Learning a second language at school or college has obvious advantages of course, such as landing a job, being able to communicate with people from other countries, more ease in traveling to and exploring the country in which the second language is based and so forth. Apparently, it also wards off dementia in our old age. (Ellen Bialystok, Fergus I.M. Craik, Morris Freedman, Neuropsychologia 2007.)
In addition to those benefits, I have also discovered that learning another language opened my eyes to the culture behind the language, and the people and customs of that country (in my case, Japan). Furthermore, it gave me a more worldly perspective, both with regard to different lifestyles and attitudes about life.
Most rewarding of all though, learning another language seems to have sparked my imagination, and inspired me to be more creative, leading me to numerous adventures in Japan, writing haiku and western-style poetry, as well as articles on various topics, and penning my debut novel, Gold of the Rising Sun.
Would I have done all this without learning another language? In a word: no.
After that I was hooked! Upon leaving Tokyo, I rode the Shinkansen to Osaka and moved into an apartment with my girlfriend (now my wife of 19 years), Mandy. Together we have lived in Japan for almost as long as we’ve been married, including Osaka, Shizuoka, Gifu, Aichi (Toyota city), and Matsusaka in Mie Prefecture. I worked in Nagoya for a year, and we both visited Kyoto and Nara a number of times.
Living in all those different places and seeing a range of lifestyles (our place in Shizuoka was a country town, and where we live now in Matsusaka is a traditional farming village in the mountains) inspired me to write about it all, in both haiku and articles, most of which I have published on my Japan Close-Up blog and poetry page.
Add to that the adventures that one experiences in a foreign country, and it’s no wonder that there are so many ‘travel writers’ in existence today. Mandy and I have enjoyed some incredible adventures here – skiing for the first time, white-water rafting on the Nagara River, climbing Mt Fuji and seeing the sunrise from the summit, viewing Sumo wrestling live, participating in a tea ceremony in a Buddhist temple, exploring the beaches and coral reefs of Okinawa and so on. Naturally, these kinds of activities can’t help but engage one’s imagination and get the creative juices flowing.
Another study (published by Joseph Cardillo Ph.D., 2014) implies that people who are bilingual (i.e. able to comfortably converse in a second language as well as their own) think more creatively. They can think ‘outside the box’. Dr Fraser Lauchlan said this:
“Our study has found that it can have demonstrable benefits, not only in language but in arithmetic, problem solving and enabling children to think creatively. We also assessed the children’s vocabulary, not so much for their knowledge of words as their understanding of them. Again, there was a marked difference in the level of detail and richness in description from the bilingual pupils.” (From an article by Amber Moore, 2012, Medical Daily)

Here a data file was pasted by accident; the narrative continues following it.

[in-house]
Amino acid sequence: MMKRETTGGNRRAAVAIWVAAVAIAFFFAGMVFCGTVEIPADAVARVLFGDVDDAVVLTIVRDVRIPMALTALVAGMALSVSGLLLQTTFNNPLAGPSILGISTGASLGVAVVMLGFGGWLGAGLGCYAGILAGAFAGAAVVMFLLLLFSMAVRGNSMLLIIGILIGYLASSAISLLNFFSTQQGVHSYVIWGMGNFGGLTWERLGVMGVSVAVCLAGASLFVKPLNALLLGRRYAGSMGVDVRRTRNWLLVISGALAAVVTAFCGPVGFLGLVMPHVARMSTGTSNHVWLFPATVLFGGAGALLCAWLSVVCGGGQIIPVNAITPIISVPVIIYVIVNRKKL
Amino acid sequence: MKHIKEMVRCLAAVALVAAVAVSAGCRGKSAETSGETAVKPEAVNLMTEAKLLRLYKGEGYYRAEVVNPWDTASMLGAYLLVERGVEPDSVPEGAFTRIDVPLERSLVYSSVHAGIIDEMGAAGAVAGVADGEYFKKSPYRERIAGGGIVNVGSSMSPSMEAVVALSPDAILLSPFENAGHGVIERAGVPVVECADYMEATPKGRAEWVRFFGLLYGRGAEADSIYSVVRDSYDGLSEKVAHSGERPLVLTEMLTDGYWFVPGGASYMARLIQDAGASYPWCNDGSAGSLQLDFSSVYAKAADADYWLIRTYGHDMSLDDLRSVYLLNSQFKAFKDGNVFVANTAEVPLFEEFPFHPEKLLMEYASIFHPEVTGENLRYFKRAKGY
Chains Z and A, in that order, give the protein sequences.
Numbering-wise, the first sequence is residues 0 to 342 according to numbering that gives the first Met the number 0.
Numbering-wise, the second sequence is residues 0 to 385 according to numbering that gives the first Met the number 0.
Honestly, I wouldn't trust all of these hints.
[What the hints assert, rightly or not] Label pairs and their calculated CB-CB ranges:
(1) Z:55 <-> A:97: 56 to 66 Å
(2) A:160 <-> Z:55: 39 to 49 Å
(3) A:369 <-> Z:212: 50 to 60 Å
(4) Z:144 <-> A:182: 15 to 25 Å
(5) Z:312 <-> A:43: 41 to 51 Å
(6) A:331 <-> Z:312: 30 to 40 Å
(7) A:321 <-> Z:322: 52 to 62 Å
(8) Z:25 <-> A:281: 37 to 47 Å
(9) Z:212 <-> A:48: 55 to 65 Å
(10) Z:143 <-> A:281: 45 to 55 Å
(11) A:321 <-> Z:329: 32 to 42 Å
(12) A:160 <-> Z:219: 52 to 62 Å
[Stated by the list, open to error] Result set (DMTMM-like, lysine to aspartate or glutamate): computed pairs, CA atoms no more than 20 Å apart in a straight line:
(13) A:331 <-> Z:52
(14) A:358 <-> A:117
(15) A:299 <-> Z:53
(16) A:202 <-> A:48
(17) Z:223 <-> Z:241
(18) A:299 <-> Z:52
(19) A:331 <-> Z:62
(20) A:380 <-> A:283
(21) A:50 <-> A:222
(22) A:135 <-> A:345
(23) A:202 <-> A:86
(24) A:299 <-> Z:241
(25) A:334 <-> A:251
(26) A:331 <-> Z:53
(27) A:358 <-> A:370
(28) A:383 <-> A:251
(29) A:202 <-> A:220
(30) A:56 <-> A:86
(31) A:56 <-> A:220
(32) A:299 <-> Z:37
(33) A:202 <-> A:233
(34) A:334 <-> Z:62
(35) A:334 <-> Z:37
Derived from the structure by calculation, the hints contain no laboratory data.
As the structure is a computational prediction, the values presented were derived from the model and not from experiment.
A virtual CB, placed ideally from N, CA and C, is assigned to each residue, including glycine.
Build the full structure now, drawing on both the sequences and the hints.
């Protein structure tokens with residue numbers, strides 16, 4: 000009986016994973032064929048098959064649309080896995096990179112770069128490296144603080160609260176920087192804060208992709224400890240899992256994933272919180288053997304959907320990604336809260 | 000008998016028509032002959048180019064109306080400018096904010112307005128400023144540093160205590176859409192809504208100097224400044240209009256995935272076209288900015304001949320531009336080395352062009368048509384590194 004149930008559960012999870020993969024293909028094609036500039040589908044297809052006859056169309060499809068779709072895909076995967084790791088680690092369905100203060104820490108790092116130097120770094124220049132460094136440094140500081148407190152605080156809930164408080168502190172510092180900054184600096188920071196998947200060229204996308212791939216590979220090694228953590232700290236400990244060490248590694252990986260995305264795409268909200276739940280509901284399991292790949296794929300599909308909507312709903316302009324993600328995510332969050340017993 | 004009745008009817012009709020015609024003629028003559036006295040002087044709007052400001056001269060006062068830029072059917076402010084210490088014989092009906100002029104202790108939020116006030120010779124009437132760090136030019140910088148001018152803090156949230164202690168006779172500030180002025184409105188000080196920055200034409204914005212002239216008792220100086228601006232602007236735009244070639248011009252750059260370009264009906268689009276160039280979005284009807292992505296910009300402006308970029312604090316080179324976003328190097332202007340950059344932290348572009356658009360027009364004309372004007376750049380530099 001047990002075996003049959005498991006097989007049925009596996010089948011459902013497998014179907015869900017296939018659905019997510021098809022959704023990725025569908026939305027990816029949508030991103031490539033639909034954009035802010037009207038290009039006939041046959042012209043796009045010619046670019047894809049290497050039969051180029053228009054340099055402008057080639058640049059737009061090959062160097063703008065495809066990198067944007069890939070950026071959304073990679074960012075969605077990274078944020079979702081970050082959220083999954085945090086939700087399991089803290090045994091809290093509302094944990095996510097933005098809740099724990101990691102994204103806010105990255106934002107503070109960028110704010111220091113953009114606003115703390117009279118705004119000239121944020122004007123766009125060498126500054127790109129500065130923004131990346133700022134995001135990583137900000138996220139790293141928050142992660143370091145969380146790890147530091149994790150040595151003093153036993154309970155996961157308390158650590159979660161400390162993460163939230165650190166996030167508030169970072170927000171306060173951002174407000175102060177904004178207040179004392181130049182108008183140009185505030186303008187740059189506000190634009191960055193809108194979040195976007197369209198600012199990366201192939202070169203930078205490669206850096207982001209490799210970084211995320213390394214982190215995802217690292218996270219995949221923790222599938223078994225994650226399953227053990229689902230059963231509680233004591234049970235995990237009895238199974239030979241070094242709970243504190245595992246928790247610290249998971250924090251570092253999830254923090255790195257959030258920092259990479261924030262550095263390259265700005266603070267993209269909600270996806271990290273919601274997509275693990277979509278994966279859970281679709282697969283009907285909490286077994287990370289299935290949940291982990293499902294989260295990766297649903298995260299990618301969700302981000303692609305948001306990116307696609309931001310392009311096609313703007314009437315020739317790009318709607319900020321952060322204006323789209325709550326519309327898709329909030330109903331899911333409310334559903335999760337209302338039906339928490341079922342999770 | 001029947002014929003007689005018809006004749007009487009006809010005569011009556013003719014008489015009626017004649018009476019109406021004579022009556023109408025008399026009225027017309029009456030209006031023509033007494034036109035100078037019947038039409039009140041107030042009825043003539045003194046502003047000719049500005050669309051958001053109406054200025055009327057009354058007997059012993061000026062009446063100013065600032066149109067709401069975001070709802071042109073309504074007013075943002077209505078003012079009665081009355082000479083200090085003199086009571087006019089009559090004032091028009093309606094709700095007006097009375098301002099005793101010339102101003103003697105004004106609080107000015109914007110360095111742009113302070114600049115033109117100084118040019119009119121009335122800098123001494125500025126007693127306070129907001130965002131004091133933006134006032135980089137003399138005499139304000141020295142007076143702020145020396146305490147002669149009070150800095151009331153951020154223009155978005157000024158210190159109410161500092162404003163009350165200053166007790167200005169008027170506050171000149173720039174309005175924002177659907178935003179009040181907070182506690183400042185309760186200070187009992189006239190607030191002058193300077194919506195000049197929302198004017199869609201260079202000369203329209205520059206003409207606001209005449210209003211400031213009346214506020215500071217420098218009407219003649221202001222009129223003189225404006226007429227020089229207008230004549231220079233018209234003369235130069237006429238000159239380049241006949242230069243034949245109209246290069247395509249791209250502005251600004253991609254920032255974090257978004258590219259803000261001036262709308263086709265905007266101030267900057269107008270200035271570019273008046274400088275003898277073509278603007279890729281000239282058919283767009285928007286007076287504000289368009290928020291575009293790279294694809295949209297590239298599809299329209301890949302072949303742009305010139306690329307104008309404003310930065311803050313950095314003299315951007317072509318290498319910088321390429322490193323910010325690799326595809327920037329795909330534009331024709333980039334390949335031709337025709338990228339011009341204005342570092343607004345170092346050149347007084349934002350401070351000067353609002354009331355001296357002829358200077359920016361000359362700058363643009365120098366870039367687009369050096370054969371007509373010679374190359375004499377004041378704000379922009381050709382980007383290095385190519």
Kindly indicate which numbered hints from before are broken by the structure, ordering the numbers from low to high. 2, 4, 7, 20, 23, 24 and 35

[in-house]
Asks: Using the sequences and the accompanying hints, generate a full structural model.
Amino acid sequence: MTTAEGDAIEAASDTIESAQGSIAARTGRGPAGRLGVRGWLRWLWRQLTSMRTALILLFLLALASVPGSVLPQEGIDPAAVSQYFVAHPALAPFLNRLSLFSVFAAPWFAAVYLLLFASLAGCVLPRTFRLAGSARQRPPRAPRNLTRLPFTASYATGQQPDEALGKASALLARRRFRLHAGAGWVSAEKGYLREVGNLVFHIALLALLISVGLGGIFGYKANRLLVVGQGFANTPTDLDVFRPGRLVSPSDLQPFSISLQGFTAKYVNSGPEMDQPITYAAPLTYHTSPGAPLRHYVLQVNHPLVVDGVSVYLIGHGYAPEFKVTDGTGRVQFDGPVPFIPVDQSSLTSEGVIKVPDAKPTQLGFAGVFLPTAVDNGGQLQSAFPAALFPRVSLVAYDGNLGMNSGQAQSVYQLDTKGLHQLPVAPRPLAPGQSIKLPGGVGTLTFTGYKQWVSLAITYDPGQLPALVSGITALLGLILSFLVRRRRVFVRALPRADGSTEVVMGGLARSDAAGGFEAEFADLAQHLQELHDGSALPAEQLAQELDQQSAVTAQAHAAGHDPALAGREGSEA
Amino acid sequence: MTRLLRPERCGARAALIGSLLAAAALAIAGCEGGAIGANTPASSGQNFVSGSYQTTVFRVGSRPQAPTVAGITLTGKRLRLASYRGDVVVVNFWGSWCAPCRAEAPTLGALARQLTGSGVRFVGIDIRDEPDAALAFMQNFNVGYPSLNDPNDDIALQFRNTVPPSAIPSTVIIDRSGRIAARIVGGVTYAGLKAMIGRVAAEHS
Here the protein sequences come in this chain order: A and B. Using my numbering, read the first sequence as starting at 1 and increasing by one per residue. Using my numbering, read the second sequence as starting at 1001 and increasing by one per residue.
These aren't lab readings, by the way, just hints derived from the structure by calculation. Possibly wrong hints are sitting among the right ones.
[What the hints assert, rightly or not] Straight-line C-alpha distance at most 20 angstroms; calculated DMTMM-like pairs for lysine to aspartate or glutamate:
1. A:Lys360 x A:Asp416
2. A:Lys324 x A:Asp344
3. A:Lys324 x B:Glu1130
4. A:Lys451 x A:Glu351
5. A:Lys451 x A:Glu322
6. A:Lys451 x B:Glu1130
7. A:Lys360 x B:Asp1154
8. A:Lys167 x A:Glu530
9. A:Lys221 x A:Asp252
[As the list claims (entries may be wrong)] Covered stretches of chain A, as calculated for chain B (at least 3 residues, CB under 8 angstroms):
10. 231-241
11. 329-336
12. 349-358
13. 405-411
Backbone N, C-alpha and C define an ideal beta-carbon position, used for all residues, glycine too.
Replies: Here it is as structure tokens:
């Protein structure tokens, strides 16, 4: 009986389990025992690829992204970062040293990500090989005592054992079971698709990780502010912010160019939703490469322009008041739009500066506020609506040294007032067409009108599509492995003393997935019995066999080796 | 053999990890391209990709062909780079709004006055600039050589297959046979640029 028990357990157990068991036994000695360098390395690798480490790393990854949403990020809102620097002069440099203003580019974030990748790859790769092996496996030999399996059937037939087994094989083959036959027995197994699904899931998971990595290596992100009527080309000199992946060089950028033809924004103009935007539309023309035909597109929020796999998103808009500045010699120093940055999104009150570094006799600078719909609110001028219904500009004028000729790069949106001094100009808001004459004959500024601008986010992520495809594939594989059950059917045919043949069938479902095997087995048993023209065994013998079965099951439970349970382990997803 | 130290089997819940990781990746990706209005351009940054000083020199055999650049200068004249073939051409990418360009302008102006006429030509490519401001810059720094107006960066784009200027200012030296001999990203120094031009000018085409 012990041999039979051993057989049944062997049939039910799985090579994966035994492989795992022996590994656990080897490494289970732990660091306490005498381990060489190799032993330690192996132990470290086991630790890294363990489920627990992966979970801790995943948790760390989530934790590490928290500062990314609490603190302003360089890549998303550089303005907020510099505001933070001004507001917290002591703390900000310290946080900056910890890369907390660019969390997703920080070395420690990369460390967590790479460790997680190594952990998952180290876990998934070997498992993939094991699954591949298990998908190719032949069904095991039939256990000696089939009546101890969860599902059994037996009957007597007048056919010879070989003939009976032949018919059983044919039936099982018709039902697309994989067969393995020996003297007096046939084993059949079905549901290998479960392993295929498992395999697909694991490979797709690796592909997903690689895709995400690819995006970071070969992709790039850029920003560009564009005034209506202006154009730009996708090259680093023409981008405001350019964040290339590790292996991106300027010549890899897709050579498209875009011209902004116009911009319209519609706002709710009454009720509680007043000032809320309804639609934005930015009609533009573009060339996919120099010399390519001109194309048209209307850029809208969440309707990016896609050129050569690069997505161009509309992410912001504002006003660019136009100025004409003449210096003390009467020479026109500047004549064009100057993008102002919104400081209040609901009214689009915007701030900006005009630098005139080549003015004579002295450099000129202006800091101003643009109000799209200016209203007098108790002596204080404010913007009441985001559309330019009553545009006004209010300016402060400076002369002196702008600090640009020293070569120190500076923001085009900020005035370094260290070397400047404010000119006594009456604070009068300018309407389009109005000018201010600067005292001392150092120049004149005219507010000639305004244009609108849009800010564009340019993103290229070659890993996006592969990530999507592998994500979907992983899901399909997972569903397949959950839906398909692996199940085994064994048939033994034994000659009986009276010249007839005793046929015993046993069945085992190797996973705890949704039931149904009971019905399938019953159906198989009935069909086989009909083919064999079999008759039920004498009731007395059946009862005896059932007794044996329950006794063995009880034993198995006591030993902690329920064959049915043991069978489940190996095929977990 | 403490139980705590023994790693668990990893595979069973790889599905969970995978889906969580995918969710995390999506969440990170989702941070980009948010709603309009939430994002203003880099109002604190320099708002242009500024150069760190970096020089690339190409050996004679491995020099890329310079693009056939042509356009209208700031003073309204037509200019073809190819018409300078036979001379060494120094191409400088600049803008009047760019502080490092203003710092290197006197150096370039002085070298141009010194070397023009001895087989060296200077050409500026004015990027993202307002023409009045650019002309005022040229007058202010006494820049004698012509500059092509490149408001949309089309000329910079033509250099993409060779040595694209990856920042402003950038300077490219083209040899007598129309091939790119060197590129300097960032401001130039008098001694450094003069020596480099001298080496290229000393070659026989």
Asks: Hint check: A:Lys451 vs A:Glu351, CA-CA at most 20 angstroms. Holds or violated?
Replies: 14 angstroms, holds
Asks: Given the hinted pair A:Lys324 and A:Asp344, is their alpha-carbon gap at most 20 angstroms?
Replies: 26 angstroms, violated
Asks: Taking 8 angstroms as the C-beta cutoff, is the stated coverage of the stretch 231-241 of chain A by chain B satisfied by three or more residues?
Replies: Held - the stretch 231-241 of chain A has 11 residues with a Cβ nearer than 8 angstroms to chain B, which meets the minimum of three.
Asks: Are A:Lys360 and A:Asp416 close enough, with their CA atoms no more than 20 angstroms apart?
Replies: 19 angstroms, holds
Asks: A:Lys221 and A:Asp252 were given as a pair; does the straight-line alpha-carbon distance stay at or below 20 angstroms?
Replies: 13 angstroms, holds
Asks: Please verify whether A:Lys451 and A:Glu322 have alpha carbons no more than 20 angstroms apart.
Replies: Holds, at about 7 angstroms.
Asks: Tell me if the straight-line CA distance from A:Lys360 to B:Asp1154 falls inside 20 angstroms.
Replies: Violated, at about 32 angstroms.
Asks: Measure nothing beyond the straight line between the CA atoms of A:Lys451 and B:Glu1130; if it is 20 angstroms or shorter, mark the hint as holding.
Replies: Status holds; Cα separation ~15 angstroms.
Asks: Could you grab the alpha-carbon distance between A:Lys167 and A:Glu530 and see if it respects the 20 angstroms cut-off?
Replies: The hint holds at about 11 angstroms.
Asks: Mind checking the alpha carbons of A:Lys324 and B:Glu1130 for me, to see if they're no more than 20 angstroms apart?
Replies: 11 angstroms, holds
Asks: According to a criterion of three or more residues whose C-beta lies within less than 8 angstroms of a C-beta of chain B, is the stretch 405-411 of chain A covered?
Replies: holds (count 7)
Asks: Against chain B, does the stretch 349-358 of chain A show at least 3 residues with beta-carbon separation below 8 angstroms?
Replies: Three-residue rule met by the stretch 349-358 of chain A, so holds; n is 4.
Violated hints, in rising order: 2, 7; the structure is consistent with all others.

One can easily see how this would develop a person’s imagination and aid in the writing of fiction, or even in non-fiction such as travel writing. Chris Riotta says:
“(The study of foreign languages has) certainly allowed me to not only learn more about different cultures and various communities but also learn more about myself and all the creative ways I can express who I am.” (Elite Daily)
The first time I came across another language in a fiction novel was when I read Shogun by James Clavell. I don’t know why, but I found it intriguing to see these new and exotic expressions from a remote, foreign country. I was in high school at the time and was bewildered by Japan’s strange customs (bowing, using chopsticks, sitting on the floor, taking one’s shoes off before entering a house, washing before entering a bath). I was also shocked to read about beheading with a sword, but excited to learn about the samurai and Bushido: ‘the way of the warrior’. In University I saw some old black and white samurai movies directed by Kurosawa Akira, such as ‘Yojimbo’, ‘Sanjuro’ and best of all, ‘Shichinin no Samurai’ (the Seven Samurai).
Learning another language made my story all the more exciting, and I’m grateful for that. I may have earned more money if I had stayed home and worked in a classroom or an office all my life, saving every penny for retirement, but my life would not have had a story so I have no regrets. I am thankful for the adventures I’ve had here and the inspiration that studying a foreign language and living overseas has provided me, all of which has helped enormously in writing my book.
See you on the shelf!